I also had been intrigued that Negan seems to have an aversion to rape, although certainly not killing, and I was curious if they would address some of his contradictions. While they dance around the subject, it wasn’t truly answered. So I ended up feeling the plastic wrap was to prevent shoppers from backing out of the purchase once they discovered this book doesn’t quite pass muster. Some of the ingredients for a good narrative were there, but they were not fleshed out enough. Borrow, do not buy this book (that’s what libraries are for!) to get your Negan fix.

  • Quentin Wallace

    I suppose this is a situation where my expectations were just too high. This character has reached mythic proportions among Walking Dead fans, so regardless of how good his backstory I'm sure many of us would have felt a little let down.

    This isn't bad at all, but Negan's past just didn't seem to be much different than many of the other Walking Dead characters. I guess that may have been the point, but I was expecting a much more climactic backstory for such a great villain. Still, if you're a Wa

    I suppose this is a situation where my expectations were just too high. This character has reached mythic proportions among Walking Dead fans, so regardless of how good his backstory I'm sure many of us would have felt a little let down.

    This isn't bad at all, but Negan's past just didn't seem to be much different than many of the other Walking Dead characters. I guess that may have been the point, but I was expecting a much more climactic backstory for such a great villain. Still, if you're a Walking Dead fan this is pretty much required reading.

  • Sam Quixote

    Heeeeeeere’s.... an obvious cash-grab! Ahhh, who can blame Image, eh? The Walking Dead is their Batman/Spider-Man - that they haven’t exploited it as much as DC/Marvel have their own properties is pretty remarkable in itself! So, in order to make their Image+ magazine successful, a short, serialized Walking Dead spinoff starring the title’s best character, Negan, was included. And it wasn’t bad!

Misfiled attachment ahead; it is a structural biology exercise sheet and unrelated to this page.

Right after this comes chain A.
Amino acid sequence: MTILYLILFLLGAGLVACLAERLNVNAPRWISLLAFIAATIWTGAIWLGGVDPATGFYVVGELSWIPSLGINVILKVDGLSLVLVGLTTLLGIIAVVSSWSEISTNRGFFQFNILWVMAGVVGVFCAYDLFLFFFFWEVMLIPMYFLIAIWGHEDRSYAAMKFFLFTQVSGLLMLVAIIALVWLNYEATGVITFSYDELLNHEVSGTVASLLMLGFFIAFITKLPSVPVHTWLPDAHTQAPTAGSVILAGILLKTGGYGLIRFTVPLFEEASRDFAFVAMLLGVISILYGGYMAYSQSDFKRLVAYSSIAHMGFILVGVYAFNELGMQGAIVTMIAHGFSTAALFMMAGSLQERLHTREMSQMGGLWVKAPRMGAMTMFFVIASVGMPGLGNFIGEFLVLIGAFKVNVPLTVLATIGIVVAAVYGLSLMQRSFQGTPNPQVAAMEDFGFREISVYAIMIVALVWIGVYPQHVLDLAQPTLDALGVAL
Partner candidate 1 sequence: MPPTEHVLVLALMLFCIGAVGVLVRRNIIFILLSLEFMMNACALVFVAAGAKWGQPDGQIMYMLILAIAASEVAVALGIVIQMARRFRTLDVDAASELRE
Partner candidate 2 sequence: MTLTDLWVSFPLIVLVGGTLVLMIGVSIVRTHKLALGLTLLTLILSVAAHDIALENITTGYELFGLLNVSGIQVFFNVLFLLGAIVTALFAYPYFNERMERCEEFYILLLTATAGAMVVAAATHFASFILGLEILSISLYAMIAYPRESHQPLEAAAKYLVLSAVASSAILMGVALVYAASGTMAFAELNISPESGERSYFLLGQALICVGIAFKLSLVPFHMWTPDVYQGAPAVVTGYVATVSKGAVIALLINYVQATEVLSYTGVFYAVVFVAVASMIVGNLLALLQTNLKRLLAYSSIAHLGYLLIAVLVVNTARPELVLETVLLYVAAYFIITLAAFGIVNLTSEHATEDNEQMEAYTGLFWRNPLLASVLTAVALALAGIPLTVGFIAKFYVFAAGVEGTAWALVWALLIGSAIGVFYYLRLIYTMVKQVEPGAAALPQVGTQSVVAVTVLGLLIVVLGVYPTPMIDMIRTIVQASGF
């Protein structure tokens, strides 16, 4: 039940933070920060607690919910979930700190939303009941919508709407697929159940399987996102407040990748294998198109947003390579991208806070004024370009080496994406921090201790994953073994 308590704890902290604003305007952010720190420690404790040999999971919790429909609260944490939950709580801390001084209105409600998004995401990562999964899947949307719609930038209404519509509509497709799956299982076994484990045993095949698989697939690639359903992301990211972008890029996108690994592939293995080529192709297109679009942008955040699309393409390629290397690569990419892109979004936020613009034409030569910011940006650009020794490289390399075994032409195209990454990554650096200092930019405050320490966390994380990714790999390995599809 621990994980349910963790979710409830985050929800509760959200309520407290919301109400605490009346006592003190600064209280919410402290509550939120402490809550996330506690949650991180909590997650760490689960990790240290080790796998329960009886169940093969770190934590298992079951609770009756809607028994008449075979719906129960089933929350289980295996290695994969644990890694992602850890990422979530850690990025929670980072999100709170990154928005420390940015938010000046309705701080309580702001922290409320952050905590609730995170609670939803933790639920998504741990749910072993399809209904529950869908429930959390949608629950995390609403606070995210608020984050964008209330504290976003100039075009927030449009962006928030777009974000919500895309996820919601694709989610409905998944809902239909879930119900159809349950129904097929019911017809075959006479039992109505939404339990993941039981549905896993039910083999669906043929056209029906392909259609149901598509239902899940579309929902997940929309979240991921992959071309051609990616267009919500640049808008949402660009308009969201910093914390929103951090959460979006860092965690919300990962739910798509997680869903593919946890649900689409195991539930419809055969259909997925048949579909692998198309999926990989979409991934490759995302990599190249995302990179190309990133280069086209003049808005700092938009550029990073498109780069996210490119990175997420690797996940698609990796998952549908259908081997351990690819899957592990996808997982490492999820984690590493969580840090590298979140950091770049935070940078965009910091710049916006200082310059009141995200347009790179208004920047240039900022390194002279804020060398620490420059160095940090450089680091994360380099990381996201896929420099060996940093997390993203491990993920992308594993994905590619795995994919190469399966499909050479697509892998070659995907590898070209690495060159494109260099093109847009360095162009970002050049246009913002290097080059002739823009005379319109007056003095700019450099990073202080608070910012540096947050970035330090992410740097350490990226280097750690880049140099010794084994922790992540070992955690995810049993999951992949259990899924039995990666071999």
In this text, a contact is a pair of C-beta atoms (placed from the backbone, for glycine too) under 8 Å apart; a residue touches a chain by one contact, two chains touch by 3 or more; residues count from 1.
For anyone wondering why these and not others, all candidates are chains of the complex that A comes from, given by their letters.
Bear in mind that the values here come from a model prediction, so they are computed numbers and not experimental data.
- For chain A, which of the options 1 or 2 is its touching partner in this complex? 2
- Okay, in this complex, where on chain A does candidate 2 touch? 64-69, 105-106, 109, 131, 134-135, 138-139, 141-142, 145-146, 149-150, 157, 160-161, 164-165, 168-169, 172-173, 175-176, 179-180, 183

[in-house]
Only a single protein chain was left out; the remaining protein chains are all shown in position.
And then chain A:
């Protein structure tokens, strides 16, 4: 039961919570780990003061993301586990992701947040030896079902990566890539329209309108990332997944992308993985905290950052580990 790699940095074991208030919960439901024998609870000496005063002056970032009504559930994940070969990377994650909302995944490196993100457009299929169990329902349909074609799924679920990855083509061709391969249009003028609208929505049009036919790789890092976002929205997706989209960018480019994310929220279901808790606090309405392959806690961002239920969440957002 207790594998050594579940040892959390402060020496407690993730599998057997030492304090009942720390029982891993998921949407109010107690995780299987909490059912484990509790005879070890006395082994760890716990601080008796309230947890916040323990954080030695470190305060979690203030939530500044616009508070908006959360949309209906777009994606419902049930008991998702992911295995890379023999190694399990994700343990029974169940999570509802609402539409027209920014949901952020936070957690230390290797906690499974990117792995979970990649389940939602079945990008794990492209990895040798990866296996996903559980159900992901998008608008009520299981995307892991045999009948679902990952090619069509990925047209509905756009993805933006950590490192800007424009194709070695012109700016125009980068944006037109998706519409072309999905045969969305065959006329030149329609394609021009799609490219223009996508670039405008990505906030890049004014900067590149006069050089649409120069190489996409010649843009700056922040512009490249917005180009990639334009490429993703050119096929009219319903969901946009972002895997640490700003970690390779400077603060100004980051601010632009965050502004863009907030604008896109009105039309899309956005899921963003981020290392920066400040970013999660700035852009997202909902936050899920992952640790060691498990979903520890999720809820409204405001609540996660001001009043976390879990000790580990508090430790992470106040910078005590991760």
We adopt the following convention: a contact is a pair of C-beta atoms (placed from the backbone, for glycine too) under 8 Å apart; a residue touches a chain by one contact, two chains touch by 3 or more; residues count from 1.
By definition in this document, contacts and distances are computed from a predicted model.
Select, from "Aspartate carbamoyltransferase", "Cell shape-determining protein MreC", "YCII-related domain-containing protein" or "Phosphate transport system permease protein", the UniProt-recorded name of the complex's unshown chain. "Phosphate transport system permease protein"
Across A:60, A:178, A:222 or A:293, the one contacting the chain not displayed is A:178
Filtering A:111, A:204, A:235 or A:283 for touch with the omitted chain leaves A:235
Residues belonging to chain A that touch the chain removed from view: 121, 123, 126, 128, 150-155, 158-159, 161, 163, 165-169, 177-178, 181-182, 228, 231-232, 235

Here’s what you need to know: it’s Negan’s origin story. And an unnecessary one it was too! Because I

    Heeeeeeere’s.... an obvious cash-grab! Ahhh, who can blame Image, eh? The Walking Dead is their Batman/Spider-Man - that they haven’t exploited it as much as DC/Marvel have their own properties is pretty remarkable in itself! So, in order to make their Image+ magazine successful, a short, serialized Walking Dead spinoff starring the title’s best character, Negan, was included. And it wasn’t bad!

    Here’s what you need to know: it’s Negan’s origin story. And an unnecessary one it was too! Because I think that great villains - and Negan is a great villain - shouldn’t have backstories. The Joker is the ultimate badass because his origins are unknown (though that’s shortly to change, thankyousofuckingmuch Martin Scorsese!). Any old school WWF fans? Weren’t the heels that much more compelling because they came from “Parts Unknown”?

    And if you read the latest Walking Dead book, Volume 28: A Certain Doom, what Negan discloses to Rick of his past in that scene was more than sufficient - we didn’t need to see any more. Everything else that happens here - getting the bat, the jacket, teaming up with Dwight (the Norman Reedus/Daryl character who was included in the comic after the TV show became mega-popular), and starting The Saviors - is just a tick-box exercise.